Roughly mid-way between the town centre and the area of Kingsthorpe, on a long dragging hill called Kingsthorpe Road was the equally imaginatively named pub called the Halfway House – now sadly long gone and since demolished. It wasn’t exactly the most refined gin palace – more the sort of place where you were aggressively thrown in rather than out – even the arms and legs of the chairs in the bar were tattooed… get the drift? Anyway, smack bang outside the pub was a bus stop that was rarely used in daylight hours, but cometh the dark and at chucking out time, you’d be sure to pick up a handful of passengers – all of them gently swaying regardless of wind speed.

Where it all took place – The now closed and demolished Halfway House pub in Northampton.

As my elderly double decker became visible from the dank gloom of a rainy night (running exactly to time in order to have a crafty smoke at the terminus) the arms of the awaiting passengers jutted out at 180 degrees horizontal. I stop and on they get, swaying and fumbling for their change then finally two well endowed ladies (ahem) in their early thirties jumped on – again, a little worse for wear. They asked: “how much is it to Kingsthorpe shops” time has erased from memory the 1999 amount – so lets say its was £1.50 for the both of them. They looked at each other with aghast as they realised they barely had a quid between them – and that included a stray fluff covered Polo mint, a hair clip and a broken eye-liner pencil after tipping their handbags upside down looking for any loose change.

So I told them – £1 would get them both two stops up the road but still a lengthy wet walk up the hill. Folk used to give any old excuse not to pay their fare and even though a genuine hardship case would normally cause me to tip my head backwards as if to say: “go on… sit down“, two drunken lasses who’d blown their money on booze and crisps – got no sympathy from yours truly.  One of the drunken duo yelled to the other passengers “anyone got two quid” and as you’d expect, those sitting there either silently looked at their feet or stared blankly out of the steamed up windows. I was just about to give in and tell in and tell them sit down (sometimes its not worth getting into a dispute over ten bob) when things took a funny turn.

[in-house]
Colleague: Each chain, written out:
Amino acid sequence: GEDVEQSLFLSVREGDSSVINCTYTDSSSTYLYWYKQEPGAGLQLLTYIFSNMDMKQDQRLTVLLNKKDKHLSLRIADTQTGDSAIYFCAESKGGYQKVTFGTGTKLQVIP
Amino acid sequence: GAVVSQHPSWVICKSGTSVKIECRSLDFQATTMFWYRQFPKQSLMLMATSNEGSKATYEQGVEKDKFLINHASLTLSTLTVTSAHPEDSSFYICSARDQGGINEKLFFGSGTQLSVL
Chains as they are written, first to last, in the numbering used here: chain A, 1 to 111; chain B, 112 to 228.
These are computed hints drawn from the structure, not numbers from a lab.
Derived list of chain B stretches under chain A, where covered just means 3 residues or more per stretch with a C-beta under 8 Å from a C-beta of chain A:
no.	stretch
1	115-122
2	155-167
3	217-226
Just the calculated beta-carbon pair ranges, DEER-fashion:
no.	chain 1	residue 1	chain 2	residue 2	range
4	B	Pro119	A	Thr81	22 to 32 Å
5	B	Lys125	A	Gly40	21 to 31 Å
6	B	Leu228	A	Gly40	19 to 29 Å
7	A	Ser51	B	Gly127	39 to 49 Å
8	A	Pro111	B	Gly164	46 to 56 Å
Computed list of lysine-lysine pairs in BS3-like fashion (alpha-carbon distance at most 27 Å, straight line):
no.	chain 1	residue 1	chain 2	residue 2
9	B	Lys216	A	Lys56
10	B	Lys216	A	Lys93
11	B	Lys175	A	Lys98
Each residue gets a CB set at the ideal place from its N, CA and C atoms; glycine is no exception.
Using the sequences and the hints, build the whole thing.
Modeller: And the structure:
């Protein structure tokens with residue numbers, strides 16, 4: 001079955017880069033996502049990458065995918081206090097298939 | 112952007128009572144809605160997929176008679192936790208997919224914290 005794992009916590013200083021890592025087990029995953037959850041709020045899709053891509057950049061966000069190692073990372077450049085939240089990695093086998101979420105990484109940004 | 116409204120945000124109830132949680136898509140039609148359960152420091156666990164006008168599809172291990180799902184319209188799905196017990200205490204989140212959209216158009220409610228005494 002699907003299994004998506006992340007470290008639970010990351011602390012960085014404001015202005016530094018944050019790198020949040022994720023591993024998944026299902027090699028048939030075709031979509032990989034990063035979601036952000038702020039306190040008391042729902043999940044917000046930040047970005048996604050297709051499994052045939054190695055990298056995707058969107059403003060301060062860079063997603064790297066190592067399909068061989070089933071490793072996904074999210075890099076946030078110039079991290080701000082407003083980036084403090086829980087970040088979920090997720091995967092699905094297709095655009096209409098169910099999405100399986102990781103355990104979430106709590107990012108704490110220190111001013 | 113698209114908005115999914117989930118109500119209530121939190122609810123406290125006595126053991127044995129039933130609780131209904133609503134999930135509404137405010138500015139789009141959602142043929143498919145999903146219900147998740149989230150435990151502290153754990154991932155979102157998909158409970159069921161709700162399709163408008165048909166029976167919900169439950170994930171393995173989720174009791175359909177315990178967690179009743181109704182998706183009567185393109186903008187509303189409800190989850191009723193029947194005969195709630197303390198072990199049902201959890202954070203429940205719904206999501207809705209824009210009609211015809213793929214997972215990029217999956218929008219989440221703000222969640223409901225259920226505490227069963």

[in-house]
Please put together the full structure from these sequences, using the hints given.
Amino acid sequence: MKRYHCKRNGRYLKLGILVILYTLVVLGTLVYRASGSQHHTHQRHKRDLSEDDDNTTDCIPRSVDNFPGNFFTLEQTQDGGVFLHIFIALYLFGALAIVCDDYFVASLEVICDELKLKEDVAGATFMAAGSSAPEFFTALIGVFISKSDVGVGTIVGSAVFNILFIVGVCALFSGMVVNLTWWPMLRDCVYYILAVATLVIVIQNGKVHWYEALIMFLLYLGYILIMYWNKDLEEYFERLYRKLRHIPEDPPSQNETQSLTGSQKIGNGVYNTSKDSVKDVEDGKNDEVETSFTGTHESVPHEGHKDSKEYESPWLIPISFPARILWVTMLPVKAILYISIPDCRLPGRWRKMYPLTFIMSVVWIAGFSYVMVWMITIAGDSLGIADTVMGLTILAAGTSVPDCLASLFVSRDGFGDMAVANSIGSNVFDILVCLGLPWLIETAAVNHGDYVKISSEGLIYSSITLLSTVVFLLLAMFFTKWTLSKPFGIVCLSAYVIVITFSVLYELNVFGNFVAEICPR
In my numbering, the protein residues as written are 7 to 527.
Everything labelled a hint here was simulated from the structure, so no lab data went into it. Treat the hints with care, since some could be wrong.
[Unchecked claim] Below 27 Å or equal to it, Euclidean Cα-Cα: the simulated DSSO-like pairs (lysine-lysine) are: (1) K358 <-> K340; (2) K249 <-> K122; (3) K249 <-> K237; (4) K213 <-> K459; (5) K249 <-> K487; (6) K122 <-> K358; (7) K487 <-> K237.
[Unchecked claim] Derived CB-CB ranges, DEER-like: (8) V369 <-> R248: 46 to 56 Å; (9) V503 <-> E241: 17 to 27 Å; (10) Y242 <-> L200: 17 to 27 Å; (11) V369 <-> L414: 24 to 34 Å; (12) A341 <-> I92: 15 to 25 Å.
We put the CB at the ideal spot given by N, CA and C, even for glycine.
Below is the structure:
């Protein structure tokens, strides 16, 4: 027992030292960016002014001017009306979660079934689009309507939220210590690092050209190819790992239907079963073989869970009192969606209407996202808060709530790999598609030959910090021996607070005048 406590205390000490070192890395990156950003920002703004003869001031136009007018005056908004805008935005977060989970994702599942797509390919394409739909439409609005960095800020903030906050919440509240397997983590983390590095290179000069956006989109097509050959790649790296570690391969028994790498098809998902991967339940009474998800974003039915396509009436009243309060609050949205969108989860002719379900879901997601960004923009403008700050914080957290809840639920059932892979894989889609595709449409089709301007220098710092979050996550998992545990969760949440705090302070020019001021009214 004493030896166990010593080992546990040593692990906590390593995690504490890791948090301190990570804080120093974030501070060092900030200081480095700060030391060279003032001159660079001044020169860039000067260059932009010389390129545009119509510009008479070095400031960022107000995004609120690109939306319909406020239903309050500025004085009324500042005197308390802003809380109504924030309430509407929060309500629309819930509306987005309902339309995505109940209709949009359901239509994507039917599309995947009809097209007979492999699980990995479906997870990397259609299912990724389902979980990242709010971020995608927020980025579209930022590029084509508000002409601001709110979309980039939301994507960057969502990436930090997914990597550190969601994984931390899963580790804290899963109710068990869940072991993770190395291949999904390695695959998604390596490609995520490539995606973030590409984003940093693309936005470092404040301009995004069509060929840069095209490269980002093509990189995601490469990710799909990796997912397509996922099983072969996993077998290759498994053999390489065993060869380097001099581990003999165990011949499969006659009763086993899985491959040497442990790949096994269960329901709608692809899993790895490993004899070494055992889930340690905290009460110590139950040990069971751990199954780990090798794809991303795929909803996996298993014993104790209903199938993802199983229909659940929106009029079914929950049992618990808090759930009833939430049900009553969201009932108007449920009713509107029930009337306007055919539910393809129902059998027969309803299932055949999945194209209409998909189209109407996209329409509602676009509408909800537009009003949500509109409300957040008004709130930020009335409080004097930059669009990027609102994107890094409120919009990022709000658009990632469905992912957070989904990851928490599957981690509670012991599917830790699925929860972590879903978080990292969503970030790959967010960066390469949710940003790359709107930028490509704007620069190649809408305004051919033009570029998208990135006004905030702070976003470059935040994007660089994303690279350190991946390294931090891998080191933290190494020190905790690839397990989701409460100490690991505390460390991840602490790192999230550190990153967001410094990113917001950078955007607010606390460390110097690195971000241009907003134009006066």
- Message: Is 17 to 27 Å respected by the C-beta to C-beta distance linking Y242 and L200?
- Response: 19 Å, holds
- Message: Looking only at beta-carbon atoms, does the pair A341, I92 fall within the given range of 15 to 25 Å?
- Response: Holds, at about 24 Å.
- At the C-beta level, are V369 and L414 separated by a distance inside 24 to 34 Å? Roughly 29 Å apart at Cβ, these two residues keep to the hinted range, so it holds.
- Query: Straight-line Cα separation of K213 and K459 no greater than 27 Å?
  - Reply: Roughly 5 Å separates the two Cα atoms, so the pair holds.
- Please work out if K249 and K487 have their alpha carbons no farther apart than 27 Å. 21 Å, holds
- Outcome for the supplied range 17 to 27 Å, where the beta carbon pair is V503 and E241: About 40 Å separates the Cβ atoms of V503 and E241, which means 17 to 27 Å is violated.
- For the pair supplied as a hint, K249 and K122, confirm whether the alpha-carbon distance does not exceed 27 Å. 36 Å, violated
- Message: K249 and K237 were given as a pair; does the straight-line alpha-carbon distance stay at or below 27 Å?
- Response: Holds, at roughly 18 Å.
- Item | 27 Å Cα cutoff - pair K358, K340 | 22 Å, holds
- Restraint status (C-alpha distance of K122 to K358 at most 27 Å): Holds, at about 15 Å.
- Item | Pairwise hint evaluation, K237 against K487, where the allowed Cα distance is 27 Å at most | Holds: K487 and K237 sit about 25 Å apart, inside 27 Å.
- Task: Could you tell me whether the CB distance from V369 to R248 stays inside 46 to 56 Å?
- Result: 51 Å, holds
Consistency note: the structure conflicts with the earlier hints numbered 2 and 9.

…muted sniggering turned into a roar of laughter that any comic turn would have been proud of. As you can imagine, that quick fire retort took a short while to compute in their sozzled minds that it was actually not meant to be complimentary in the slightest

Turning to me and trying her best to fix me with an alluring sexy look albeit with lifeless black eyes owing to a gallon of gin and tonic, one of the ladies rather loudly said: “if we show you our tits, will you take us there” – cue muted chuckling from the lower deck passengers. My reply was instant with: “If you promise not to I’ll take you there and walk you to your front door”  – the muted sniggering turned into a roar of laughter that any comic turn would have been proud of. As you can imagine, that quick fire retort took a short while to compute in their sozzled minds that it was actually not meant to be complimentary in the slightest.

They were just about to reach the bottom deck back seat when she yelled back: “I’m gonna f***ing write in and complain about this you wait and see” – cue the whole bus erupting in helpless mirth once again. Leaning from the cab with an arm leaning on the ticket machine I yelled back: “I’d be spending a bit of time thinking about what you’ll put in that letter if I was you“. After holding my stare at the pair of them for lasted just a few seconds, they both took on board what I had just mentioned and sheepishly looked down to the floor like chastised schoolgirls. Off I went into the night and they alighted via the middle doors a mile or so later, but not before the mouthy one came back up to the cab door and quietly apologised and thanked me.

Sometimes – you have to be cruel to be kind!